There are differing definitions of death, but it is clear that if a person is unconscious, their heart has stopped and their brain ceased to function, that person has died. They are beyond resuscitation, and their body, now just an object that resembles a person, meets none of the criteria for life. The body is no longer a series of self-sustaining chemical reactions; through the same miraculous processes that allowed it to live, it will begin an inexorable return to the ecosystem from whence it came.
Following death, pallor mortis is the first stage in the process of post-mortem disembodiment. As the heart has stopped, blood no longer circulates, and the red blood cells (being denser than the plasma) drift downwards, away from the upper surface of the body. This is the cause of the paleness of dead skin, and happens within the first half-hour of death.
With the body no longer generating heat, algor mortis is the next noticeable stage. The human cadaver, with no internal heat source, will lose about 1°C of heat every hour following death (until the body reaches ambient temperature). This is one of the ways that forensics officers can use to determine time of death, though in this case, the body must be found within 24 hours.
Rigor mortis is the most well-known stage of death, begins after about 4 hours, peaks at 12 hours, and subsides gradually over the next two to three days. It is difficult to explain why dead muscles can stiffen without describing how muscles work when they are alive. One of the ways that energy is stored in living tissue is stockpiling the high-energy molecule ‘ATP’. ATP is used by muscle cells to pump calcium into tiny compartments, where it in turn is stockpiled, ready for massive energetic release during muscle contraction. When a person dies, their muscle cells naturally contain plenty of ATP, which continues to drive the calcium pumps, despite the death of their owner. Once it runs out, the calcium leaks from its compartment, and ‘glues’ the muscle fibres together.
Livor mortis could easily be described as the continuation and conclusion of pallor mortis. The blood continues to drift downwards by the action of gravity, but as the body cools and blood vessels begin to leak, the blood can drift further and deeper, and begins to pool near the lowest parts of the body. Interestingly, where there is pressure acting on the tissue (such as where the person’s hand is draped, or where the weight of their body is compressing the tissue in direct contact with the ground) the blood will not pool. As the blood decomposes, it irreversibly stains the tissue it is in contact with. This allows forensics experts to tell if a body has been moved after death.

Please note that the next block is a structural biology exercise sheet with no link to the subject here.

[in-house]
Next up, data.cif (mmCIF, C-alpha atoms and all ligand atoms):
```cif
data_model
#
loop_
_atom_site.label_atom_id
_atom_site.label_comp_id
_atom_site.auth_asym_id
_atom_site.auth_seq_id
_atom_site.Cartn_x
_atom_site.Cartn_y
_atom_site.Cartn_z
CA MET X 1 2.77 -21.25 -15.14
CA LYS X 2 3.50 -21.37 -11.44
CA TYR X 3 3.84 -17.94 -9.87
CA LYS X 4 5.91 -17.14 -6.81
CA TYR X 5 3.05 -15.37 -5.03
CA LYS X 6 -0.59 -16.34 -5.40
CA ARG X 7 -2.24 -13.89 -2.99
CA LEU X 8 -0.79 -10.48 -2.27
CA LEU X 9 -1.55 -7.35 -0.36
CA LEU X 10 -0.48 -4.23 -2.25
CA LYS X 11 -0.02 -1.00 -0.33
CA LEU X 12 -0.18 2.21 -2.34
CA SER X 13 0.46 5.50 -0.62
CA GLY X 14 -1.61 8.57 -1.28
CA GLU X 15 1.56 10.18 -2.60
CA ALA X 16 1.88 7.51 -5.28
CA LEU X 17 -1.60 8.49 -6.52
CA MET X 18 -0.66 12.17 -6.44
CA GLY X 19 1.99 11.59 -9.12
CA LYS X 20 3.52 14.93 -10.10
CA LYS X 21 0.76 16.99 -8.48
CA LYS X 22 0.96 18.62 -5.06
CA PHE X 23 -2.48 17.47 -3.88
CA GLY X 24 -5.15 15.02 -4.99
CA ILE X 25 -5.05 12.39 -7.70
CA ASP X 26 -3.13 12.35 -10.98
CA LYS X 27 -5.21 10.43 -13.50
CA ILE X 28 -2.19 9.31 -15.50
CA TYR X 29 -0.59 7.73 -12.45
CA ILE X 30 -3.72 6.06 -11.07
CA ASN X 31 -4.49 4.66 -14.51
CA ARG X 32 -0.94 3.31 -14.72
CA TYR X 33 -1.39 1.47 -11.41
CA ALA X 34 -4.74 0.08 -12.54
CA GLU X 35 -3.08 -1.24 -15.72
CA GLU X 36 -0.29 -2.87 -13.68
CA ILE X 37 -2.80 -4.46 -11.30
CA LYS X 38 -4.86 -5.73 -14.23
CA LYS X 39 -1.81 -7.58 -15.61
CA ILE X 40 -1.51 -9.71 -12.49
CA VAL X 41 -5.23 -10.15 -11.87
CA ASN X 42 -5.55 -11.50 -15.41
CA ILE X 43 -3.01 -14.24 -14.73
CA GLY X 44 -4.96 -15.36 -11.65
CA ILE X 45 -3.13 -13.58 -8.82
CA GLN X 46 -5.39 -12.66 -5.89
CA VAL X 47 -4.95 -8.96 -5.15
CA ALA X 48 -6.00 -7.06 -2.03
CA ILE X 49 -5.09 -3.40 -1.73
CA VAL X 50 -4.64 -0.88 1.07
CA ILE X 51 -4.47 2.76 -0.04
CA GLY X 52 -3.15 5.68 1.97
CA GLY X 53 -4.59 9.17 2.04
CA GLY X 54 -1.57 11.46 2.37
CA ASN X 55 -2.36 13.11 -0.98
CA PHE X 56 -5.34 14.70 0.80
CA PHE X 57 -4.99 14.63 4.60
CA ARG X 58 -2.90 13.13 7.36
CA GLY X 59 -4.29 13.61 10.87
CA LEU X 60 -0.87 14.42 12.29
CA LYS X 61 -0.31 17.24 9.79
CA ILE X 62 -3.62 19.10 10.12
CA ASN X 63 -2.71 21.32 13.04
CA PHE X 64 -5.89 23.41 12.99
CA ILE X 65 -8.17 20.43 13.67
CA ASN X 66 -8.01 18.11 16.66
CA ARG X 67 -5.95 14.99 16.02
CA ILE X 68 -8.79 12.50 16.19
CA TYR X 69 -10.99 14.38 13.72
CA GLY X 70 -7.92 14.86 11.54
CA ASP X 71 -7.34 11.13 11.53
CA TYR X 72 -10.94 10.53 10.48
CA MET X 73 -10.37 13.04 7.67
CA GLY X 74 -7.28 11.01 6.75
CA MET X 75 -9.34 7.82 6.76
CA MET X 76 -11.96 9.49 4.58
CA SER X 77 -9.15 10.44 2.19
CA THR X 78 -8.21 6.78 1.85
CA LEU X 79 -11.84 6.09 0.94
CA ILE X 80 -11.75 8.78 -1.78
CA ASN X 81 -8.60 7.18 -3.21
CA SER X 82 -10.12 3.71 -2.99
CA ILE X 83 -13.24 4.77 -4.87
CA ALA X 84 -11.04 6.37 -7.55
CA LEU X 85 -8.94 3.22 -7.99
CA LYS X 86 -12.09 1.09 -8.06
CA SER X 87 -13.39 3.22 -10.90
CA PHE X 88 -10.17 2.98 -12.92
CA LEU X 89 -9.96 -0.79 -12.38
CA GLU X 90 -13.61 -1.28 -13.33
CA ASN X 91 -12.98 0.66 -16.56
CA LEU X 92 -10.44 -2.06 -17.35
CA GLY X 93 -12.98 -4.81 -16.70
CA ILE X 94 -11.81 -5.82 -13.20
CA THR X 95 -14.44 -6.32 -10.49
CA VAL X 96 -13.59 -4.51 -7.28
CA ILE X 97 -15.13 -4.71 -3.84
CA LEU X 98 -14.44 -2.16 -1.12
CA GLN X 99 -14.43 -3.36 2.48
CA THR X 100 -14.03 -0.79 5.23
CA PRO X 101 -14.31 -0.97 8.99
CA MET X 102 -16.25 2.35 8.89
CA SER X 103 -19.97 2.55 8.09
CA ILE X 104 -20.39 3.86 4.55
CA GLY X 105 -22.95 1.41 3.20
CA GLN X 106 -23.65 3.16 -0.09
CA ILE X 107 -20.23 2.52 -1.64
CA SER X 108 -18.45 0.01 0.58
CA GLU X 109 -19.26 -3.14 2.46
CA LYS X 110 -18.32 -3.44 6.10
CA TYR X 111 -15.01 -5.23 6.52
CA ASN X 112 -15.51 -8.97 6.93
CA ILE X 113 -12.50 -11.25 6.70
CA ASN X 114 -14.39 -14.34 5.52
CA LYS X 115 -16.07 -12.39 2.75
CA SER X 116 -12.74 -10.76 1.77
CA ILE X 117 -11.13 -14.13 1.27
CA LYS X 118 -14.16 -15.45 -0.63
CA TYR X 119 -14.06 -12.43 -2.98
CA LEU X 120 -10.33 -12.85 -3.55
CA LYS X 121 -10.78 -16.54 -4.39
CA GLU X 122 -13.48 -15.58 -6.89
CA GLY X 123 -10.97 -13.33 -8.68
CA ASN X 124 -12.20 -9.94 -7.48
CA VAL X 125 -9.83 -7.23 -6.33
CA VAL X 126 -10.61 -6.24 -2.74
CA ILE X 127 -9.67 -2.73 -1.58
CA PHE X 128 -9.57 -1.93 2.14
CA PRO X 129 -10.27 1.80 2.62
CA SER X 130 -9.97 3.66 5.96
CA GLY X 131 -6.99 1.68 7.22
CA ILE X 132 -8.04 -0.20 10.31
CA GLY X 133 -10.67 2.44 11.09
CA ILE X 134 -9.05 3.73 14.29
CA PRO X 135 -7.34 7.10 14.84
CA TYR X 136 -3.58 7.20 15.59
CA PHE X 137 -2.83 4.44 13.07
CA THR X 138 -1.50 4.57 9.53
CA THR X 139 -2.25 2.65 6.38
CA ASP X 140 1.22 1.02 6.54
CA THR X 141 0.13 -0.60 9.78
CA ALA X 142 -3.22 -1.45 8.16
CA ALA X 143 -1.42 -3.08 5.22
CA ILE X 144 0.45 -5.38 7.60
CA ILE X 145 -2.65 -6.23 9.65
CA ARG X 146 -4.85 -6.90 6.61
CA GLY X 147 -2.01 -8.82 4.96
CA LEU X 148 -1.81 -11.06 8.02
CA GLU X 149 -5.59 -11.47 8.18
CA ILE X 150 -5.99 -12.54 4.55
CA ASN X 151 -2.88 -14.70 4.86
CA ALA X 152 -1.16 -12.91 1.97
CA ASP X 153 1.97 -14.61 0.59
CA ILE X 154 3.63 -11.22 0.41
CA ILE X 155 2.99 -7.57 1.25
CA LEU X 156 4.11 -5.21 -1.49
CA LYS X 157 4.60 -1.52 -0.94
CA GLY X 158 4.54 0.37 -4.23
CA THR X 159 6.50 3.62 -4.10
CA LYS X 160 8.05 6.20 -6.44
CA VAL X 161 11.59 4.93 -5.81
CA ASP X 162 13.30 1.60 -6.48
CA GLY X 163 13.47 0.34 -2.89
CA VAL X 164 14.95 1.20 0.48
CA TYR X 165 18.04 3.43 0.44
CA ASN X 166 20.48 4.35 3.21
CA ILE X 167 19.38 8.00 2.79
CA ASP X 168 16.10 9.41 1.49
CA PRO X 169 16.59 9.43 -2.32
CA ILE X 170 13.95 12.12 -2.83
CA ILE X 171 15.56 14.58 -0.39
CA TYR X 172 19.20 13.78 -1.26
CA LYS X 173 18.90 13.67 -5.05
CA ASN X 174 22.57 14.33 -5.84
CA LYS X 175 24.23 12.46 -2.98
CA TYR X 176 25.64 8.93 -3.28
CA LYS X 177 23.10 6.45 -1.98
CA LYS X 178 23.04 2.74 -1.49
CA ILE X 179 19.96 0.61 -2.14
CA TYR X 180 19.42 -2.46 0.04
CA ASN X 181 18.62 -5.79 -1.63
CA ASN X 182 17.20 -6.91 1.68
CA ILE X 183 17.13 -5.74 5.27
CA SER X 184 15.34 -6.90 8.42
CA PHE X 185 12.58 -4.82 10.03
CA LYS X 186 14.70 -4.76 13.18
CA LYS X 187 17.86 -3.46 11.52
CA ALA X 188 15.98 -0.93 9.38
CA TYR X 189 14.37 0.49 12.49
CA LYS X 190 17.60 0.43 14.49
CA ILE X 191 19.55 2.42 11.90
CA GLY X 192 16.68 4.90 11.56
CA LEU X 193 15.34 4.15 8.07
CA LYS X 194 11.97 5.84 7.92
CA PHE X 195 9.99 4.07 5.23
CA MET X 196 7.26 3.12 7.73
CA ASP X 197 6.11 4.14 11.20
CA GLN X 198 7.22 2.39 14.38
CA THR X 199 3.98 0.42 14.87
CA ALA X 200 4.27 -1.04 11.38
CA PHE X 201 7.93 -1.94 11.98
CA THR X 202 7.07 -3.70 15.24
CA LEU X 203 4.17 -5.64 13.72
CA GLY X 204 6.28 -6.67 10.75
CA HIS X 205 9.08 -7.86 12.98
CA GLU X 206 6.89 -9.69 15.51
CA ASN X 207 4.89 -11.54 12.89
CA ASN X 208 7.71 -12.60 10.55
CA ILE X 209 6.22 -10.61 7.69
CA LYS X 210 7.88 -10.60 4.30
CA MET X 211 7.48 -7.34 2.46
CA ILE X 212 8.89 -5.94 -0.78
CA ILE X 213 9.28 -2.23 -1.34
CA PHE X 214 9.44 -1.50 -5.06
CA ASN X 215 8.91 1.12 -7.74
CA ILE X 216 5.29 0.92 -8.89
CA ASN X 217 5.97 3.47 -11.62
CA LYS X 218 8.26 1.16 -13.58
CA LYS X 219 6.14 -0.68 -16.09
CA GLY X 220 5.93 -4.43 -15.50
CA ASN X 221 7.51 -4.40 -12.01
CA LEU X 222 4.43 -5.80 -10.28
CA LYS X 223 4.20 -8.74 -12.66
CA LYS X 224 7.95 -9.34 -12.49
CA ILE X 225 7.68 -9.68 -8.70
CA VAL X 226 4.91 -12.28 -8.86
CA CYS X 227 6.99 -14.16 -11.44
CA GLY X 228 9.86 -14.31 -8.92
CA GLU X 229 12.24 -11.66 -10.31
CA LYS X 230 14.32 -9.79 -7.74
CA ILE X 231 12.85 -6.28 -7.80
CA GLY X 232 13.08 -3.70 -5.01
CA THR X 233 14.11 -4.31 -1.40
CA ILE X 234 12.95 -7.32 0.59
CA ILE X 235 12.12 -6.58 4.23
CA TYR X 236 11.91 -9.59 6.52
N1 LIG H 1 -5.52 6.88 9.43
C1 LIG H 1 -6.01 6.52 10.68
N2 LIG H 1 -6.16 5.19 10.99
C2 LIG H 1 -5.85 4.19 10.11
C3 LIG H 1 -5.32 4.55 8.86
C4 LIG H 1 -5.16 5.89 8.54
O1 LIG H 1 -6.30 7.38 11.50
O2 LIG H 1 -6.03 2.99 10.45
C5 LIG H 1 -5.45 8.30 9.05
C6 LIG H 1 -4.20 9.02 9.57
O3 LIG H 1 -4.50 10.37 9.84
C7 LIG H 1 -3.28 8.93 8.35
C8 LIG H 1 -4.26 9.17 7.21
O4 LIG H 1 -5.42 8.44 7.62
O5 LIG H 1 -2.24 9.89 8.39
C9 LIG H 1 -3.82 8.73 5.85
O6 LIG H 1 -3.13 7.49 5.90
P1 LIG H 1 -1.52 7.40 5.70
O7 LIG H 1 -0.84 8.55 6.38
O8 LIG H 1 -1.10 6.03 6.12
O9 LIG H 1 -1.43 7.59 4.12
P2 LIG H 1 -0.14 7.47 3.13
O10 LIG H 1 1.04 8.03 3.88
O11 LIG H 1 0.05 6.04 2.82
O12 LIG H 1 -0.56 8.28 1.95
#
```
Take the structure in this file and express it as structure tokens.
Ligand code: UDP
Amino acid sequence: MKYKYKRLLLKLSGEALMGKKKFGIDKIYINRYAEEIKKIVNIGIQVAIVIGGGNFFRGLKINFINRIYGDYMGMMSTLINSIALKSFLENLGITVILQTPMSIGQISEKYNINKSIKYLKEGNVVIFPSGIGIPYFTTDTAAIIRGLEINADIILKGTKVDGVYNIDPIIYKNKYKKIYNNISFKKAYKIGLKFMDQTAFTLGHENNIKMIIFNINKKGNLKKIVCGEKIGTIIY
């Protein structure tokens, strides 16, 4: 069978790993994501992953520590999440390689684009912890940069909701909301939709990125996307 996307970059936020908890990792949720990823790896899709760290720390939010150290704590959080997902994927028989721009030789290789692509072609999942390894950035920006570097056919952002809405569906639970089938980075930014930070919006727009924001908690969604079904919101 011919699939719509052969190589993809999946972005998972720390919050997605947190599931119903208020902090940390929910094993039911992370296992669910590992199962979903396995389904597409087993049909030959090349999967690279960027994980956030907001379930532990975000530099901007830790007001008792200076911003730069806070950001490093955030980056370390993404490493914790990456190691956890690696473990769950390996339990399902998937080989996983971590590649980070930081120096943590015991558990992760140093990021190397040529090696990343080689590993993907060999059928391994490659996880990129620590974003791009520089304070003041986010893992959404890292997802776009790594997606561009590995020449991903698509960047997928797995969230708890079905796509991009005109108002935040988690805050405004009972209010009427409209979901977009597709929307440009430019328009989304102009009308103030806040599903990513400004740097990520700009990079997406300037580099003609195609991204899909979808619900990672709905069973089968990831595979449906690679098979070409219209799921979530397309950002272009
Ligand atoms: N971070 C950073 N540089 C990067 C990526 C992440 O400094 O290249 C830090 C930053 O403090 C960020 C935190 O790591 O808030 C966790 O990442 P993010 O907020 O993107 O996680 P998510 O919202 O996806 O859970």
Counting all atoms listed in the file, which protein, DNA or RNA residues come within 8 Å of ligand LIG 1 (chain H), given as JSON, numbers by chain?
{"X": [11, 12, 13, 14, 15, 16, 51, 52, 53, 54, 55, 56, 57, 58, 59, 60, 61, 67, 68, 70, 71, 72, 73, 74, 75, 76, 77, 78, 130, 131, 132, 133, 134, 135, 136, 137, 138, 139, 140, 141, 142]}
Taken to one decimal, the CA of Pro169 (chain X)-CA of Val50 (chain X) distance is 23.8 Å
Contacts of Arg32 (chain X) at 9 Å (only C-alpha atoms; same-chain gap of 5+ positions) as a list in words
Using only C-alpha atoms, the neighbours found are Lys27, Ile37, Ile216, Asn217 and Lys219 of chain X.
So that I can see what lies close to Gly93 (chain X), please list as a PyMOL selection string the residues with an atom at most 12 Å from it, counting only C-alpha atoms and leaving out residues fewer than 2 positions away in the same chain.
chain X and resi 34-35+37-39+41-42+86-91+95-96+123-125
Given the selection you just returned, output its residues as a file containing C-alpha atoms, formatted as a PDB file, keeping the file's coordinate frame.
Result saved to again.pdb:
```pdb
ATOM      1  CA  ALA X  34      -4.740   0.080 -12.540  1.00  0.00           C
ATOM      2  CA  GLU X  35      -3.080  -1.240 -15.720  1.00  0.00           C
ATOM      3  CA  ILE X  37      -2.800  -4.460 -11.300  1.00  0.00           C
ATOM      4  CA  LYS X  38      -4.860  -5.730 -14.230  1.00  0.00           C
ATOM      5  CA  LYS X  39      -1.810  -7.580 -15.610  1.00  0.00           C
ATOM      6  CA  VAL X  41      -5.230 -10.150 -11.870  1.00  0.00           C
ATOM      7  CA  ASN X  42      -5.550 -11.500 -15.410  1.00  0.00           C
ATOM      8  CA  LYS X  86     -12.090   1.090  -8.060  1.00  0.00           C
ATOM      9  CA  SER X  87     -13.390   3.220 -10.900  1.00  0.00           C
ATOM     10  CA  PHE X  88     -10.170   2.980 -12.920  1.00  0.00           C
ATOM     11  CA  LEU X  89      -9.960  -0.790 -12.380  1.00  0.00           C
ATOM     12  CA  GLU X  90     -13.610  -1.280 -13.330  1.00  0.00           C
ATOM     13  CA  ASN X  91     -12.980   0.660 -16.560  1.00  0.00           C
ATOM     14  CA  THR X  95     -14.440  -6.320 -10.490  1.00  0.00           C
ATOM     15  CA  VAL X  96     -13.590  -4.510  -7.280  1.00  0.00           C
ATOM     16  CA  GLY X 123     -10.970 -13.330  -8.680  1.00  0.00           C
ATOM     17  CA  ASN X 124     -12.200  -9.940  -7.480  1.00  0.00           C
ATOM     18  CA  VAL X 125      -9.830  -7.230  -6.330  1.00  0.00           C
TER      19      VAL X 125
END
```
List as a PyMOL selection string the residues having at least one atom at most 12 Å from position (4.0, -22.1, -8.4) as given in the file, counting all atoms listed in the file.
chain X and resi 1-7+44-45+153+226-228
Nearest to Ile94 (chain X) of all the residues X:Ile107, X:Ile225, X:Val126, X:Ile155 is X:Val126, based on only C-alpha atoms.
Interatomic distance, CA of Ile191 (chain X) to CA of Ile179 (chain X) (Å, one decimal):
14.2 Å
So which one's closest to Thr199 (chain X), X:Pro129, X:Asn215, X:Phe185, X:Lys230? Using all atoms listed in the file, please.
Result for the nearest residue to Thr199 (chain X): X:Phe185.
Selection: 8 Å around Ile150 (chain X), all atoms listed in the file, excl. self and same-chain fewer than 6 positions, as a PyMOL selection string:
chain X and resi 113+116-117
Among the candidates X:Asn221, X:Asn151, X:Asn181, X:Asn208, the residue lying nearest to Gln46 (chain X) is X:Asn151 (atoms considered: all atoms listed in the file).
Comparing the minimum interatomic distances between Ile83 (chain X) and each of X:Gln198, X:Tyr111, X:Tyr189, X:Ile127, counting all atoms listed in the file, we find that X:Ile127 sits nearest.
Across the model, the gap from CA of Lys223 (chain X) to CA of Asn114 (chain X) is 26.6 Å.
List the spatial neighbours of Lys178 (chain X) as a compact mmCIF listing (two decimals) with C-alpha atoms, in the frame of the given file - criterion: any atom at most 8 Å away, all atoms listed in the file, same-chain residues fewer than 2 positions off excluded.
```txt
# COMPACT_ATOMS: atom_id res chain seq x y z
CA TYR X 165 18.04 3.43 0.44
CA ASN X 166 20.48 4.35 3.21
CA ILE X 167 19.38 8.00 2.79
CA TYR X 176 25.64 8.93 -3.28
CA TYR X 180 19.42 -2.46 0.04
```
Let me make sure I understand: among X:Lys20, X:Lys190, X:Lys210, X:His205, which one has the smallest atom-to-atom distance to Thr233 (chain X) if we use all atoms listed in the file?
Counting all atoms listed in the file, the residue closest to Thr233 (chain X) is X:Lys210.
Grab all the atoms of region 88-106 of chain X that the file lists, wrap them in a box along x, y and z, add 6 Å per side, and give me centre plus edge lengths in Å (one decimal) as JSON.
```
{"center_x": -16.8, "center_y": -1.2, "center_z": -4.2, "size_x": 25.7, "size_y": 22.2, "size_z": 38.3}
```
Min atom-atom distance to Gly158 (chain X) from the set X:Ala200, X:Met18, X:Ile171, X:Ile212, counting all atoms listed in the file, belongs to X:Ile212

Over the next few weeks, putrefaction and then decomposition set in. This is where our own digestive enzymes, along with the bacteria found naturally within the gut, turn on us and begin to break down our tissues. This is highly temperature dependant (as it would never happen in the arctic, but could be complete in a week in the tropics), but is generally seen to progress in the following rate: in the two week, the body bloats with gas and the skin discolours; in the third week, internal organs and skin rupture, producing the foul stench of death; by the fourth week the tissues have begun to liquefy, removing all resemblance to the living person.
Skeletonisation is the last stage in the process of death (unless conditions allow fossilisation to occur, but this is unlikely). The skeleton is the last part of the body to survive, because it is constructed of the stable mineral calcium phosphate, which is, in effect, a rock. Our soft tissues have been consumed and digested, in order to make new living organisms. It is said that we only borrow our bodies from this world – and we must return them after we have died.